Theatre troupe enlists students, faculty and community
Lincoln University – The Lincoln Community Players presents Man of La Mancha Friday, Nov. 9th through Sunday, Nov. 11th at Lincoln University’s Ware Center Theater. Show time for the musical, which is free and open to the public, is 7 p.m., except for Nov. 11th at 2 p.m.
The musical, directed by Dr. Kirsten C. Kunkle and conducted by Dr. Christine Limb, is its inaugural performance for the troupe comprised of students, faculty, and staff of Lincoln University along with members of the local community.
“This performance represents an excellent opportunity for the local community to appreciate what Lincoln University has to offer not only as an academic resource, but for cultural enrichment, entertainment and community engagement,” said Dr. Kunkle, who is also an Assistant Professor of Voice and Opera Workshop at the university. “We also hope the performance inspires a large cadre of the community to join or support our organization.”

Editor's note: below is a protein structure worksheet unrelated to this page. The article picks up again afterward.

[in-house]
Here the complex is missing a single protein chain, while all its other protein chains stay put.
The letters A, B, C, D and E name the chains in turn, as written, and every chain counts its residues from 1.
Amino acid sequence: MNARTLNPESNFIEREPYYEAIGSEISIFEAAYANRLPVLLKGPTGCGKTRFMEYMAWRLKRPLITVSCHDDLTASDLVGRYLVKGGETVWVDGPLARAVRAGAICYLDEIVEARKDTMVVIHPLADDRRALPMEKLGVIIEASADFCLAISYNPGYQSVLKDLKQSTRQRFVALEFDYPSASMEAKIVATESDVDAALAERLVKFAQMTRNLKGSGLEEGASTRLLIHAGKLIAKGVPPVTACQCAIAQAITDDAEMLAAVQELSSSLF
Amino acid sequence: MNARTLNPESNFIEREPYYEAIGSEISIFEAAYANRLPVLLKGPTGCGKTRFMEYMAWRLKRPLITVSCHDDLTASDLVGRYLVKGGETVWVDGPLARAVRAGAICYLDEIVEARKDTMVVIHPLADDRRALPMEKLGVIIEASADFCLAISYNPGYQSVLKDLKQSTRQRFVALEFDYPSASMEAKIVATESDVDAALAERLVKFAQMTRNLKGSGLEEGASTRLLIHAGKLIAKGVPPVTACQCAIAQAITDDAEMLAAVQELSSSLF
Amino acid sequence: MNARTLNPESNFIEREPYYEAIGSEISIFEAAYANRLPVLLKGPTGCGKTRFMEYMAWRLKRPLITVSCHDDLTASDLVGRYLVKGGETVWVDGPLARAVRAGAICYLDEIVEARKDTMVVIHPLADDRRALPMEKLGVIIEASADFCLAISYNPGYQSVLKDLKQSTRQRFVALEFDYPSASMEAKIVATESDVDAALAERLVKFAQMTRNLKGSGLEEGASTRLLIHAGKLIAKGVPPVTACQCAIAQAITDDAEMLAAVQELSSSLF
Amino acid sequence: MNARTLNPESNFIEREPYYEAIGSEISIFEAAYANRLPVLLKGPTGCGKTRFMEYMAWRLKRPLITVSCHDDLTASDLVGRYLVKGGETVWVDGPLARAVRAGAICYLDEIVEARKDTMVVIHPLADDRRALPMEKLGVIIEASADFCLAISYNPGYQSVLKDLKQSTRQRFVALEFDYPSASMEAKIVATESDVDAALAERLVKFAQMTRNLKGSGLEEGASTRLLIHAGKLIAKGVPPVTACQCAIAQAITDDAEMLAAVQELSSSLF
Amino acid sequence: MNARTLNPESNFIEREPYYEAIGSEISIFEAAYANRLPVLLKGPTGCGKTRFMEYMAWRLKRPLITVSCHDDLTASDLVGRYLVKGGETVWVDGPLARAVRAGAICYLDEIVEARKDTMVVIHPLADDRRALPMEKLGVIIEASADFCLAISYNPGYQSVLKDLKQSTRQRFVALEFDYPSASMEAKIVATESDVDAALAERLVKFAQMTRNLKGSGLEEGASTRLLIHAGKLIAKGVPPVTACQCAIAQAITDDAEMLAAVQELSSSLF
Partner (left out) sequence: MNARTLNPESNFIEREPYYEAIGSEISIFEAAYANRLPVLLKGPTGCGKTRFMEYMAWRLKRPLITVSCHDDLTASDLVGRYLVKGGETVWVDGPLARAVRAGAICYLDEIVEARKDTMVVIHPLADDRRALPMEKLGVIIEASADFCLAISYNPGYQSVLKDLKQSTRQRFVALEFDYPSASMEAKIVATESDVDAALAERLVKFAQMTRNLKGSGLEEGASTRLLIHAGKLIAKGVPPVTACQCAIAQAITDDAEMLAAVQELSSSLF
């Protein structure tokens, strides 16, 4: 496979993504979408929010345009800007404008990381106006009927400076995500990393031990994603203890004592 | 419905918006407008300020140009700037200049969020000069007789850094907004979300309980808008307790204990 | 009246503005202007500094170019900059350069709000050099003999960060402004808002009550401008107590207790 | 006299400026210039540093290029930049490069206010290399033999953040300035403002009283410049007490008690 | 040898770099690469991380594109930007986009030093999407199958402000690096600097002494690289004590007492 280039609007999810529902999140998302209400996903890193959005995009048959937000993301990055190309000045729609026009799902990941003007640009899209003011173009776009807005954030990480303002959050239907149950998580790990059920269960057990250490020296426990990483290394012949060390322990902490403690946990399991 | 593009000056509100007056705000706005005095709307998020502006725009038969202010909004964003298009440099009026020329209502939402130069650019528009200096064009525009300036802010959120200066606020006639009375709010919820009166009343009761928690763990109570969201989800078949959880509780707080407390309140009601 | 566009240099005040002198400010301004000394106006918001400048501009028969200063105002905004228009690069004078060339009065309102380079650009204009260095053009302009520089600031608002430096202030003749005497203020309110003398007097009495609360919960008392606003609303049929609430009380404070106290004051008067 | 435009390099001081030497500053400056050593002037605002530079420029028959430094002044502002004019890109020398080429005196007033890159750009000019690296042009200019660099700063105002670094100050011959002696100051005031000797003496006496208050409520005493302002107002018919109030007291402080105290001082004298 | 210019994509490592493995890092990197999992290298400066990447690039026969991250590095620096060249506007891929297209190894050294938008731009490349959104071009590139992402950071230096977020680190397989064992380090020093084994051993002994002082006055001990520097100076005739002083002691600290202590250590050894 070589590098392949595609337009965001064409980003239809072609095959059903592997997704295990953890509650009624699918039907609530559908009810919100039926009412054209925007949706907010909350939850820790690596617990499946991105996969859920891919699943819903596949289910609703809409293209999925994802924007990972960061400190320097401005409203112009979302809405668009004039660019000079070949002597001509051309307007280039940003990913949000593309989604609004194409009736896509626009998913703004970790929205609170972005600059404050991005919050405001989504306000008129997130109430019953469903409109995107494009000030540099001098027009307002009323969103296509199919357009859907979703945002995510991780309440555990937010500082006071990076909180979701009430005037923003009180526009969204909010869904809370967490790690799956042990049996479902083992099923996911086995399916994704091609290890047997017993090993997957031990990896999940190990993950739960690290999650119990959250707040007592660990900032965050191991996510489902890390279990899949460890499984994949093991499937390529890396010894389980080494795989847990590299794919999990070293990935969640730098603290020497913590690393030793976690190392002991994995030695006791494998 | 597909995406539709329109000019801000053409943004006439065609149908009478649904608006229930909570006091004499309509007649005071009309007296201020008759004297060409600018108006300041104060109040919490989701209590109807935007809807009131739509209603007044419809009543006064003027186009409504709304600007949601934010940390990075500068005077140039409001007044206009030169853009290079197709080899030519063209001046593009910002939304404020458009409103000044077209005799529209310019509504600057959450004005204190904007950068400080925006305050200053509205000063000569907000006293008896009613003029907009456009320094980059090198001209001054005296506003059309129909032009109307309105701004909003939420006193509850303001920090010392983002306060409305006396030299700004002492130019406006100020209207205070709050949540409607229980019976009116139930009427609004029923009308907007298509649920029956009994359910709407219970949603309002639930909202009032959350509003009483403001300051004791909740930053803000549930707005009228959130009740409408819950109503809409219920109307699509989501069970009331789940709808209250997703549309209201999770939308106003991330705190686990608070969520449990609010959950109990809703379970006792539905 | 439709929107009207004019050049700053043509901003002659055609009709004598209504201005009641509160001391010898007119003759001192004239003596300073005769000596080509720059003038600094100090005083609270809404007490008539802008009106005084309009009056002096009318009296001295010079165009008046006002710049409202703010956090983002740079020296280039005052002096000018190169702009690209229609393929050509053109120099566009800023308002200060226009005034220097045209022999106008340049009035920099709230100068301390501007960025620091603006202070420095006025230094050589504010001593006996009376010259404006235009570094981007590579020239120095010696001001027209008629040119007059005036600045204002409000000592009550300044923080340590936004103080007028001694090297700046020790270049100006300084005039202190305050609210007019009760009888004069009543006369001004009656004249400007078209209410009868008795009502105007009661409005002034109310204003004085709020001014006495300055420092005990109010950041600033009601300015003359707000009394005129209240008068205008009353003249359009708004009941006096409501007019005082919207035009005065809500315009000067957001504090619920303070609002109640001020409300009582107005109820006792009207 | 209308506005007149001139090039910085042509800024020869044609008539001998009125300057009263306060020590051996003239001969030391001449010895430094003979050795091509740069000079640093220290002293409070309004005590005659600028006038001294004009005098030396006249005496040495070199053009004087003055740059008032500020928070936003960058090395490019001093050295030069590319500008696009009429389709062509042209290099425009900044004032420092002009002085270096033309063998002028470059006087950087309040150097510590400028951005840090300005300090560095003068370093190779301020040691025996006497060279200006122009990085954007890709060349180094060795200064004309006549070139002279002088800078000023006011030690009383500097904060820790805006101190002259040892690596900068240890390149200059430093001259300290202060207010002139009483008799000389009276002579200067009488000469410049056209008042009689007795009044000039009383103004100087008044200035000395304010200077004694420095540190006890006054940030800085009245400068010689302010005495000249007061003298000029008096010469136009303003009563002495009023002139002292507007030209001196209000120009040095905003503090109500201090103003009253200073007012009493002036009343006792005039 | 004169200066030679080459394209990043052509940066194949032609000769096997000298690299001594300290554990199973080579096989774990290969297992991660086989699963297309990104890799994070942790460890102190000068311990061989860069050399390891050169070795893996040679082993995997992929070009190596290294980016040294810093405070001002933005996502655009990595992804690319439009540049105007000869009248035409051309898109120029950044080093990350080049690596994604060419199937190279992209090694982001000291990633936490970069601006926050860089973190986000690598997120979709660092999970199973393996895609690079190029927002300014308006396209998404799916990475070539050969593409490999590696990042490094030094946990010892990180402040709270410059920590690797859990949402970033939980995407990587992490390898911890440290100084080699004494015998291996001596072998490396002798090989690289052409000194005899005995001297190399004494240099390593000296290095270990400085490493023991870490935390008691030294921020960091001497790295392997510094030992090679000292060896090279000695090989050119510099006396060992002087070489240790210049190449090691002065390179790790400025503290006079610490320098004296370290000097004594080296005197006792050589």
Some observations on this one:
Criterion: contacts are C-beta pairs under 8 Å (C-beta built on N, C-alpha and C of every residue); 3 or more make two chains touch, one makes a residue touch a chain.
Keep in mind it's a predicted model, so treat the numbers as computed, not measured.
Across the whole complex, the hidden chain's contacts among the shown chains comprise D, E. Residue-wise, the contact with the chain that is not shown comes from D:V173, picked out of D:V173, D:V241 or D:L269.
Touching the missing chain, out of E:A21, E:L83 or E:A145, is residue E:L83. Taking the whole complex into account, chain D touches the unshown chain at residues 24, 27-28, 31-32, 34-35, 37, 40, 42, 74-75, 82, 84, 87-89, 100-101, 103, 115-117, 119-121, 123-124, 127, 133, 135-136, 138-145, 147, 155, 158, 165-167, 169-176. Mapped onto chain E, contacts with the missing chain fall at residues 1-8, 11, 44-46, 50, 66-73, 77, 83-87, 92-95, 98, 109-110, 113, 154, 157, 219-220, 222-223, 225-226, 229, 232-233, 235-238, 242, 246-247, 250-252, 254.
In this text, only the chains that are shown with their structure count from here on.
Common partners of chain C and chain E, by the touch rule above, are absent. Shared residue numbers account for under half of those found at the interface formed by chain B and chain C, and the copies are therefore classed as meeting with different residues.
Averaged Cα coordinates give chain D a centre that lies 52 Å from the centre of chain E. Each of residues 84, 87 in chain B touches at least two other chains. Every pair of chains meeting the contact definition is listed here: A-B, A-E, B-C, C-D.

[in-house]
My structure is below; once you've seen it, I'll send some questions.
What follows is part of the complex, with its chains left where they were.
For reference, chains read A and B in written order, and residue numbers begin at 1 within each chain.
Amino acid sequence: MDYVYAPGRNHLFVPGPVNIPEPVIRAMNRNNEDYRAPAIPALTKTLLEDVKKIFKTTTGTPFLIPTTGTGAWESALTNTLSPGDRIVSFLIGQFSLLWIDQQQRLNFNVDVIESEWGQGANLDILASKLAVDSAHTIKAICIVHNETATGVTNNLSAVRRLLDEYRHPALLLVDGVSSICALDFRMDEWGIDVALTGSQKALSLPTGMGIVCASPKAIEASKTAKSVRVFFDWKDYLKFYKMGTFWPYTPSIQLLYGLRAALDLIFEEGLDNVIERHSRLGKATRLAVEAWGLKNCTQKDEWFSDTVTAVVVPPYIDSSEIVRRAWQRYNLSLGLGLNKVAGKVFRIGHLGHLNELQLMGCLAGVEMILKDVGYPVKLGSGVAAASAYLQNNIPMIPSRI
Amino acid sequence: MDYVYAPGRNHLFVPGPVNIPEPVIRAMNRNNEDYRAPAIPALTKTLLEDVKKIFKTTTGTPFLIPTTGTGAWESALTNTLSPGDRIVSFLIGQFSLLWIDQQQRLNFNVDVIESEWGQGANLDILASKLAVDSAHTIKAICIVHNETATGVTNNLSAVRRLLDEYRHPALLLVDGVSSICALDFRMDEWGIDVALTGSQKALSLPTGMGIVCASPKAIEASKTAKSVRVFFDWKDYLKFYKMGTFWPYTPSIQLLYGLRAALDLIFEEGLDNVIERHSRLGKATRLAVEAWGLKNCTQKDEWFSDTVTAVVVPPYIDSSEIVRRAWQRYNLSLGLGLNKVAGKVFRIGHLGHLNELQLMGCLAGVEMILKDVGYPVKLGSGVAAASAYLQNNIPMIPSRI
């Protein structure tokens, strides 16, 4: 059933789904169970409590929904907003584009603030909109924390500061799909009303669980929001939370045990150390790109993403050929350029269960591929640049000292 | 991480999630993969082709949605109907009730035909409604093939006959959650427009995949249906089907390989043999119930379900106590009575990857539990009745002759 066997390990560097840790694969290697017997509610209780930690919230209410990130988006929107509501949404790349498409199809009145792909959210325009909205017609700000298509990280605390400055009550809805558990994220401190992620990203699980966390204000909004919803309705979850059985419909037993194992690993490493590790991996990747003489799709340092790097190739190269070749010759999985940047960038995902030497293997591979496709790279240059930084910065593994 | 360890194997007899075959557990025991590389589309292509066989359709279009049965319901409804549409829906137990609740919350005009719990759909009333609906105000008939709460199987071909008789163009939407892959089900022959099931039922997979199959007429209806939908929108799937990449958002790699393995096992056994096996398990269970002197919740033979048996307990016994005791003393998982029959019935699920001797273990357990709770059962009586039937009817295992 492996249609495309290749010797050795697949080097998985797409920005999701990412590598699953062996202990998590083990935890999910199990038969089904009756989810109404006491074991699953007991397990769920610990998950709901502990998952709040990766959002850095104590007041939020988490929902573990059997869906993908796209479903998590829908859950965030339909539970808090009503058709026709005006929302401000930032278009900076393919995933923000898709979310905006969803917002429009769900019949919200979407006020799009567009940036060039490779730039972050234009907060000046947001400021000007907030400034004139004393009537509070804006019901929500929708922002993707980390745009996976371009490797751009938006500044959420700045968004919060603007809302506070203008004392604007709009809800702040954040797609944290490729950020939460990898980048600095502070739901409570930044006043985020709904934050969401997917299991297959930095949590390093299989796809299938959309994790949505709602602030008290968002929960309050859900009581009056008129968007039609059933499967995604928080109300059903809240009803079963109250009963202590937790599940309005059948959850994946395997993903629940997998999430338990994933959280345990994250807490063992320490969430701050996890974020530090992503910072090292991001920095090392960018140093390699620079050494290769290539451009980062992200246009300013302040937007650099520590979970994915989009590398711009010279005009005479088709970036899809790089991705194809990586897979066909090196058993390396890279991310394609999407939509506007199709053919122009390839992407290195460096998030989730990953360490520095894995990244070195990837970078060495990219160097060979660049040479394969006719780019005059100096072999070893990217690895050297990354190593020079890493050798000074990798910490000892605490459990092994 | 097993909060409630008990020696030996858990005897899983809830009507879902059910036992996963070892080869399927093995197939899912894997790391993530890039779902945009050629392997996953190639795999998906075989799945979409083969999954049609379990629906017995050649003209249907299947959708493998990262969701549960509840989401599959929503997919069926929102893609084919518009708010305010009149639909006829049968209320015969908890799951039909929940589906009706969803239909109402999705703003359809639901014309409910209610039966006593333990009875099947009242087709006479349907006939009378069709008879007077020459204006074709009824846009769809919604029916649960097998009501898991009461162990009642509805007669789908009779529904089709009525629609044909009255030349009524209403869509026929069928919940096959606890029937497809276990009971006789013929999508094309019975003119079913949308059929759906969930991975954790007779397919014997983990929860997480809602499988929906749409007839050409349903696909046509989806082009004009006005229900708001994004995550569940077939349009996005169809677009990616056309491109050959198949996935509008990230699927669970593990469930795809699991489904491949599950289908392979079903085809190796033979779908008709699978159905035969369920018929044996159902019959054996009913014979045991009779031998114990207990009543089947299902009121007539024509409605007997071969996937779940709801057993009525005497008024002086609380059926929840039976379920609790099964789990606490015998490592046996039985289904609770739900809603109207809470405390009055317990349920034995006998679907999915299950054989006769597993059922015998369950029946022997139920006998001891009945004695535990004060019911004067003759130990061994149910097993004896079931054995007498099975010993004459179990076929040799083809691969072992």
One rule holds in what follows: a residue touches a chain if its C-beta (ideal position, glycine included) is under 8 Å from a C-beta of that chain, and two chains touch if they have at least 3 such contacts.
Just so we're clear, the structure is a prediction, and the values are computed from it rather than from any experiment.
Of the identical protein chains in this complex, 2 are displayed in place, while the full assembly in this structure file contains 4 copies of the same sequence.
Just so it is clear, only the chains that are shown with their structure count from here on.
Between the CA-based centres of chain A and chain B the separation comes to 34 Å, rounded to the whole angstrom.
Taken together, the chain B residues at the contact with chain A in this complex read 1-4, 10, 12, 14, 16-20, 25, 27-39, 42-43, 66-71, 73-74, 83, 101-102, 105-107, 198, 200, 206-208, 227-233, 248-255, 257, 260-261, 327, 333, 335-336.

Man of La Mancha, adapted from Dale Wasserman’s non-musical 1959 teleplay, I, Don Quixote, which was in turn inspired by Miguel de Cervantes’ seventeenth century novel, Don Quixote, tells the story of the ‘mad” knight, Don Quixote, as a play within a play, performed by Cervantes and his fellow prisoners as he awaits a hearing with the Spanish Inquisition.
Dr. Maribel Charle Poza, Chair and Associate Professor of Spanish of Lincoln University’s Department of Foreign Languages and Literatures, along with her students will offer a special pre-performance lecture opening night at 6:30 p.m.
The program is sponsored by the Langston Hughes Program for the Promotion of the Arts and funded by the Seiple Foundation.
For more information or to reserve space for large groups, please call: 484-365-7555.
Lincoln University of the Commonwealth of Pennsylvania, founded in 1854 as the nation’s first historically Black degree-granting institution, combines the elements of a liberal arts and science-based undergraduate curriculum along with select graduate programs to meet the needs of those living in a highly-technological and global society. Today, the University enrolls a diverse student body of approximately 2,000 men and women. Internationally recognized for preparing and producing world class leaders such as Thurgood Marshall, the first African American U.S. Supreme Court Justice, Lillian Fishburne, the first African American woman promoted to Rear Admiral in the U.S. Navy, Langston Hughes, the noted poet, Kwame Nkrumah, the first President of Ghana and Nnamdi Azikiwe, the first President of Nigeria.